Although customer satisfaction is a priority for most businesses, healthcare is more than just a business and that’s why it is even more essential to make sure that patients are comfortable and have a positive experience. Unfortunately, this doesn’t always happen, in spite of the intent being there. On that note, we will now take a look at four effective and easy practices which have been proven to improve the patient experience.
Most of us lead busy lives and it is never a nice feeling to waste time by simply waiting for someone who is late. Every healthcare professional should maintain punctuality because not only is it professional, it sends out a message that the patient’s time is valuable.
If the doctor is going to be late or the X-ray machine isn’t really working like it should, the first thing you need to do is inform the waiting patients about the problem. Try putting yourself in the patient’s shoes; wouldn’t it upset you if you had cleared your busy schedule for an appointment with someone and the person was not only late, but was also not giving you any reason as to why he was late? Give them a reason for the delay and if possible, also provide them with an estimated wait time. Keep them updated about the situation periodically and offer them a sincere apology.
Punctuality is appreciated by everyone, but if a situation cannot be helped, people appreciate the updated communication more than anything. There might still be frustration on their part and that’s natural, but the intensity of those emotions will be much more severe if they have to wait indefinitely without any updates from the facility.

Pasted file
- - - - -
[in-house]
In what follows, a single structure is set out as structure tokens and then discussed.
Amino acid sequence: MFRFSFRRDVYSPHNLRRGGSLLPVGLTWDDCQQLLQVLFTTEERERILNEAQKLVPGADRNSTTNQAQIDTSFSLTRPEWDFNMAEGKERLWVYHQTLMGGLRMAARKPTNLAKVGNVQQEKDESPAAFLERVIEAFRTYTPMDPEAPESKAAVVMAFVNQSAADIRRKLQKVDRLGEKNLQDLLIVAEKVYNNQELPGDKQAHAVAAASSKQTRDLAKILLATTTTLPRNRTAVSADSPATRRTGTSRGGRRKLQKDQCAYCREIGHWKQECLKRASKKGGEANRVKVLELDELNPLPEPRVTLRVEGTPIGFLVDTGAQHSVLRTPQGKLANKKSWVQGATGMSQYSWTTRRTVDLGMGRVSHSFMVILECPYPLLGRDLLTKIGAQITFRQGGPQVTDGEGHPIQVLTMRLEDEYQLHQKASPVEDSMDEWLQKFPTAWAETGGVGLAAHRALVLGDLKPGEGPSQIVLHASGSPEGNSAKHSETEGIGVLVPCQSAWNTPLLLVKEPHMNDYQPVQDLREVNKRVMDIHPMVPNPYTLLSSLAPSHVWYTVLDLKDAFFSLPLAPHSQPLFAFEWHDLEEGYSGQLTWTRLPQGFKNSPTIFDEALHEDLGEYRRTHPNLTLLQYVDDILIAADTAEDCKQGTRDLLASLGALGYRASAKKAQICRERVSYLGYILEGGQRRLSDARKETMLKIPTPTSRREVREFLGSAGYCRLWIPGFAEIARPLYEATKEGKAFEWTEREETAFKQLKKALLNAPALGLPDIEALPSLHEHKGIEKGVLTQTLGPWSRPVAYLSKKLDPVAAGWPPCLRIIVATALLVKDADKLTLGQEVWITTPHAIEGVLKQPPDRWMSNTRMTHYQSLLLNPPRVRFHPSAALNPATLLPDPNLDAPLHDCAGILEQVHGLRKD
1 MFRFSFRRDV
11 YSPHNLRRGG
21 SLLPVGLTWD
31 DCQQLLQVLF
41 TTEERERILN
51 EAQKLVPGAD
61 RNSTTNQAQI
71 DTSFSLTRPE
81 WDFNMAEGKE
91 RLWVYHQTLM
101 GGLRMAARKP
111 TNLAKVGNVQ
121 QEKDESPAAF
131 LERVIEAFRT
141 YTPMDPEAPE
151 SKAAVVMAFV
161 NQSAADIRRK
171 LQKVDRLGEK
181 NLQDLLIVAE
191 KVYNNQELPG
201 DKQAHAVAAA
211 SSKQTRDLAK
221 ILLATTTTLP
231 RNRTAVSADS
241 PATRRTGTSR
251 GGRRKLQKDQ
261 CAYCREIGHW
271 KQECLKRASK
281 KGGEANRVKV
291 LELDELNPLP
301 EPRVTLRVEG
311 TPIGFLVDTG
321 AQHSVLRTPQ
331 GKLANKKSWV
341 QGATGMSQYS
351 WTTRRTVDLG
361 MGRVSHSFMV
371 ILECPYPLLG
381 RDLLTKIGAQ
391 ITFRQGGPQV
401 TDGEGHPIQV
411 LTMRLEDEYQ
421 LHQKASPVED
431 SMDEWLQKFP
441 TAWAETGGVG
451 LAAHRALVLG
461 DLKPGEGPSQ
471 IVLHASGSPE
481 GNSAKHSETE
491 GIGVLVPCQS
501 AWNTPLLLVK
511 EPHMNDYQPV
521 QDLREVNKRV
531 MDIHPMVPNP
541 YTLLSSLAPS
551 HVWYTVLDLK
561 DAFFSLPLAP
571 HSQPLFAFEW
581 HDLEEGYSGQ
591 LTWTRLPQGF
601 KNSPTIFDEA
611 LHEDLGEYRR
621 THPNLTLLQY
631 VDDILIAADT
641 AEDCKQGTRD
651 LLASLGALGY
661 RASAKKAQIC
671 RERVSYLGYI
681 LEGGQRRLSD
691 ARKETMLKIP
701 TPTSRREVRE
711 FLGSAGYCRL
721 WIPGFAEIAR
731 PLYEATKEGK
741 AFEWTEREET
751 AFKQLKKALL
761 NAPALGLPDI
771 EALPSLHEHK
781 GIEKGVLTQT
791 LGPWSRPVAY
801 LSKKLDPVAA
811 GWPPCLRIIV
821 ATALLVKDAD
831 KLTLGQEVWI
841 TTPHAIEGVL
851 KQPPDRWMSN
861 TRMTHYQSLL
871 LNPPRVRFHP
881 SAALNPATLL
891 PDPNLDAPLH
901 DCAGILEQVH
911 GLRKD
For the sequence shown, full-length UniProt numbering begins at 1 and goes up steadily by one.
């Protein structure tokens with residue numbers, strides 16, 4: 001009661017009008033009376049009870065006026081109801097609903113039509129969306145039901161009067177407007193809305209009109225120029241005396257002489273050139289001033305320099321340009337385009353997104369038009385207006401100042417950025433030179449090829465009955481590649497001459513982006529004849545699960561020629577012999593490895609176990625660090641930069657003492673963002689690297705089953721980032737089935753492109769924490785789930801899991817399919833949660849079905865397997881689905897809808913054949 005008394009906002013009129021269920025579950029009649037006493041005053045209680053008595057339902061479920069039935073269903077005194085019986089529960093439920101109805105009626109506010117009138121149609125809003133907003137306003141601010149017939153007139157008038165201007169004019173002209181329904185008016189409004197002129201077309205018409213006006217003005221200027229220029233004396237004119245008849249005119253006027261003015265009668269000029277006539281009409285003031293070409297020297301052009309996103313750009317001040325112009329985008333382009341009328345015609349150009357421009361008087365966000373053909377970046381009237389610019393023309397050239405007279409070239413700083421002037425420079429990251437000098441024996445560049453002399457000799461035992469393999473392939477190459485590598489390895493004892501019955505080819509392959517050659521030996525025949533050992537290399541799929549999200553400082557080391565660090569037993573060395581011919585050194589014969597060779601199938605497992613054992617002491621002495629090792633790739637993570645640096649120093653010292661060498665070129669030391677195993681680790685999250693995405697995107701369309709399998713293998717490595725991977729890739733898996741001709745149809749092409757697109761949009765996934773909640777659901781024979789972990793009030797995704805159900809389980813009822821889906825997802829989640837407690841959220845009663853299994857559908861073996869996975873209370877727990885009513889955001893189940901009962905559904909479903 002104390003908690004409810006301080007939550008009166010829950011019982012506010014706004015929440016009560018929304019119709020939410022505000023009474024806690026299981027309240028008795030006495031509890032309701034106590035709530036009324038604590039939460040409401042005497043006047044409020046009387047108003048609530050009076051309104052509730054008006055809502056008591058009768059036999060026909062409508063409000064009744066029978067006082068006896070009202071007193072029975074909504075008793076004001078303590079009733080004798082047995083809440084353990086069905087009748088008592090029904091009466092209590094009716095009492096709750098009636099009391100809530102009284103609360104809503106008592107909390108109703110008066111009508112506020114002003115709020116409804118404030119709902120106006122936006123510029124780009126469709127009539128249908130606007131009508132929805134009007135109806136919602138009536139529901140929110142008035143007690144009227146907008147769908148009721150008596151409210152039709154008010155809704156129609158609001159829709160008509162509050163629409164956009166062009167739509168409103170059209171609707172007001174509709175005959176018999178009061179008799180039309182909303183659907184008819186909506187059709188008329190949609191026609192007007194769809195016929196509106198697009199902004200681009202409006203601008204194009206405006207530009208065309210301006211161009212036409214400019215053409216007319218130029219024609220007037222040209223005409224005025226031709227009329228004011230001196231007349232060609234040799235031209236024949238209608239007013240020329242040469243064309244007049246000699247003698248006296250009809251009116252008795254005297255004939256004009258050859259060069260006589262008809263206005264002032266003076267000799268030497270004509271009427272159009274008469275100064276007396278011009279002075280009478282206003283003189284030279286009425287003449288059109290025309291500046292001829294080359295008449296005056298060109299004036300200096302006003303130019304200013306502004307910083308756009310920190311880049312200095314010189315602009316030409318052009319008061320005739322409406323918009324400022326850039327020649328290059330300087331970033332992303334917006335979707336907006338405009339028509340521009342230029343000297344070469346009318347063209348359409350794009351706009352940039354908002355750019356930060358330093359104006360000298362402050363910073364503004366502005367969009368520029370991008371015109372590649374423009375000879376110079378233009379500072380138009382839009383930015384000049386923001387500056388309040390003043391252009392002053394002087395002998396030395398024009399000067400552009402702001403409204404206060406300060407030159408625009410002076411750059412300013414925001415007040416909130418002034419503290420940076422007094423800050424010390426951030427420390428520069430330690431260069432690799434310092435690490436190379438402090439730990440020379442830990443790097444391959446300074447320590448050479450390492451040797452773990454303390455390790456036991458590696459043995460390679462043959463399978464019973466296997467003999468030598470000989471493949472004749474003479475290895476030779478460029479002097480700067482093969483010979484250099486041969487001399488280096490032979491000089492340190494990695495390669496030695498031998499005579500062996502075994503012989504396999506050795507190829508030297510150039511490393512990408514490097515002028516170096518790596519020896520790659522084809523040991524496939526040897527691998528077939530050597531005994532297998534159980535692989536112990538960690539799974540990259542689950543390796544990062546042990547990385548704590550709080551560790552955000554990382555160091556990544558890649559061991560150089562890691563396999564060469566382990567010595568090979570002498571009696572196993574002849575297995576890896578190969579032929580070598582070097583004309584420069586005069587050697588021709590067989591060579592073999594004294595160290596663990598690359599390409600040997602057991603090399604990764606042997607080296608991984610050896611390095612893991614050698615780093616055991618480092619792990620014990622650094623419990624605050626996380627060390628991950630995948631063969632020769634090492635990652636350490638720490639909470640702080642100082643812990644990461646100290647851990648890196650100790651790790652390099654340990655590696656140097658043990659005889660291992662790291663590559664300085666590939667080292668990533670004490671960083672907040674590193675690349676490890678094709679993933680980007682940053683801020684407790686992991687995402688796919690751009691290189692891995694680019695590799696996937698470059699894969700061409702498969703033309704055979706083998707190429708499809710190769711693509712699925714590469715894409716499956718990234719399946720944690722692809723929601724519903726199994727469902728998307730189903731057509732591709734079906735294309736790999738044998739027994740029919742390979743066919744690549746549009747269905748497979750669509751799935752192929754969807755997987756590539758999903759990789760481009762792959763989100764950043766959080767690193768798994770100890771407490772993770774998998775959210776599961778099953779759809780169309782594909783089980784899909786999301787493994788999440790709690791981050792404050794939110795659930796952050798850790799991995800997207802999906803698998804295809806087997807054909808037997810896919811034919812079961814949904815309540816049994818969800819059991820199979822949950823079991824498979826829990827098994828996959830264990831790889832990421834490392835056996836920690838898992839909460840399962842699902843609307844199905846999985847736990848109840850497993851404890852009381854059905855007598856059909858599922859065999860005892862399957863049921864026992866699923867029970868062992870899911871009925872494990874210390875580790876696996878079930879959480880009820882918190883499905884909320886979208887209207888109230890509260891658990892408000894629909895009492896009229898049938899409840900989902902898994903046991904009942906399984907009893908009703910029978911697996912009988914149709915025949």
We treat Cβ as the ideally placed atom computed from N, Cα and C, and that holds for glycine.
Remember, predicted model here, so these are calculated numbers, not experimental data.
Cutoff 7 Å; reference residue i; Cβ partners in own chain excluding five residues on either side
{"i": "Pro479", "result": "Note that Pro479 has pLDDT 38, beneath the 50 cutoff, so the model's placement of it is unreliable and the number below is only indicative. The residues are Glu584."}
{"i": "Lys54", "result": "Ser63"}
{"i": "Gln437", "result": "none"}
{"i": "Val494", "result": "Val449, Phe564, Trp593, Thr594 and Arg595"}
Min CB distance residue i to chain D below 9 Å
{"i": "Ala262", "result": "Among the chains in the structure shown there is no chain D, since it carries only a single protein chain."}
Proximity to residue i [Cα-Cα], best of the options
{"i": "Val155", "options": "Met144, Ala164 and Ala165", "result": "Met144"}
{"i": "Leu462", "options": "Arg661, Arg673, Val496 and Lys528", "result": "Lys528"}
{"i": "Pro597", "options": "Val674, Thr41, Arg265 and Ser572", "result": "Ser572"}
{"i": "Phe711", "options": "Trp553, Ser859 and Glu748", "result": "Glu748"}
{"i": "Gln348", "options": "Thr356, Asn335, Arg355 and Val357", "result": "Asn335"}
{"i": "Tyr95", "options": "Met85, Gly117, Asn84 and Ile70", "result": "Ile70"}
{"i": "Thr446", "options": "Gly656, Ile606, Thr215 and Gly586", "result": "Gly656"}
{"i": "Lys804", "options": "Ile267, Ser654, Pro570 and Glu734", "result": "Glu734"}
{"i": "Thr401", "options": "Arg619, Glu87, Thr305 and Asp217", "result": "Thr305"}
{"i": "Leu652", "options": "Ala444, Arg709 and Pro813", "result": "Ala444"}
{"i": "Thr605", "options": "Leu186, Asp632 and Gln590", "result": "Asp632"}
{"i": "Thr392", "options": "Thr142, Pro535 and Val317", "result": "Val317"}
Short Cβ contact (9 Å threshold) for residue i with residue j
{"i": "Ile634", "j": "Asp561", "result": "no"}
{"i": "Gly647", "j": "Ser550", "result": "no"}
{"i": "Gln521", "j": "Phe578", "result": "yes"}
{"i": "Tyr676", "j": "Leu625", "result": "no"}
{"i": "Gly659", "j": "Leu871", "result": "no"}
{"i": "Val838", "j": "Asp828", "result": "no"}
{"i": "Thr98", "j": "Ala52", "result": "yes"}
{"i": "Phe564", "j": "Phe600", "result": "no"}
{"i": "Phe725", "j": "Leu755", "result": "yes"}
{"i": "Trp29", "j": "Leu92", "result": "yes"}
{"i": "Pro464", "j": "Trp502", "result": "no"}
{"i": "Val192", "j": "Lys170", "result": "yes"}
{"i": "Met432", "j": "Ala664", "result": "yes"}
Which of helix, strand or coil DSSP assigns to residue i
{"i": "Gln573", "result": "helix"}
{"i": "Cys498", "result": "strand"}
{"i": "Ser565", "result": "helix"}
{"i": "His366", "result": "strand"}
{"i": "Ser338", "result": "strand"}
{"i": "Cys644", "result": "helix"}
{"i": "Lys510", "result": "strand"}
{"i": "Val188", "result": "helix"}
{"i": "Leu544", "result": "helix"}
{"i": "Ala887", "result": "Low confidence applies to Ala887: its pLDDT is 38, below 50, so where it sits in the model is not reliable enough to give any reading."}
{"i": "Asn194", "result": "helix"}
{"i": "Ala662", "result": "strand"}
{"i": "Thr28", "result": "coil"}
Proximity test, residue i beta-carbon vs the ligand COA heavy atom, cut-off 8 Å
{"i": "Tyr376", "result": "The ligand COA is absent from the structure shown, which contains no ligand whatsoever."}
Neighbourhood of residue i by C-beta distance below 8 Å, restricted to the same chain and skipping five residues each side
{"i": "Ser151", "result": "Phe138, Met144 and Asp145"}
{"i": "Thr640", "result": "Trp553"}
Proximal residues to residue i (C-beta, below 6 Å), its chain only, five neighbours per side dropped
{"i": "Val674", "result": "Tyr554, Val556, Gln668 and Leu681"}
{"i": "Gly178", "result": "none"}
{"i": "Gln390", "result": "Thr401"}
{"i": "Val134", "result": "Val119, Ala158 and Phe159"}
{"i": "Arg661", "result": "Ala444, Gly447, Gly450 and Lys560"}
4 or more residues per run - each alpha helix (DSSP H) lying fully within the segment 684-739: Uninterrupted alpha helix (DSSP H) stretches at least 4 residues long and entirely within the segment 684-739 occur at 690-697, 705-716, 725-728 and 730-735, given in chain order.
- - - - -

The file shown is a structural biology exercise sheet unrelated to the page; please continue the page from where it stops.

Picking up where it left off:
Any point of interaction in between the facility and the patient party could be a cause for confusion. Eliminate the chances of such confusions from occurring in the first place by providing clear instructions on your website, emails, printed materials and even phone messages. Instructions should at least cover the following topics.
- How to make appointments
- How to contact for late night emergencies
- How to contact the office for general information
- How to get prescriptions refilled
- How to lodge a complaint
Patients that come in for treatments are often not in the best of moods because most of them wouldn’t be there if they could help it. Some patients are even petrified of being in a hospital and a gesture as simple as calling him/her by the first name could help to relieve some tension. All the concerned staff should introduce themselves to the patient as well or at least should wear a nametag. Alternatively, adding a Mr./Miss./Ms./Mrs. before the last name of the patient could also work, if you want them to feel more respected.
As you can probably see, more often than not, communication is the key to improving patient experience at a facility. Nobody likes receiving an unpleasant surprise, so by simply cutting down on any patient-doctor communication gap, experiences can improved upon.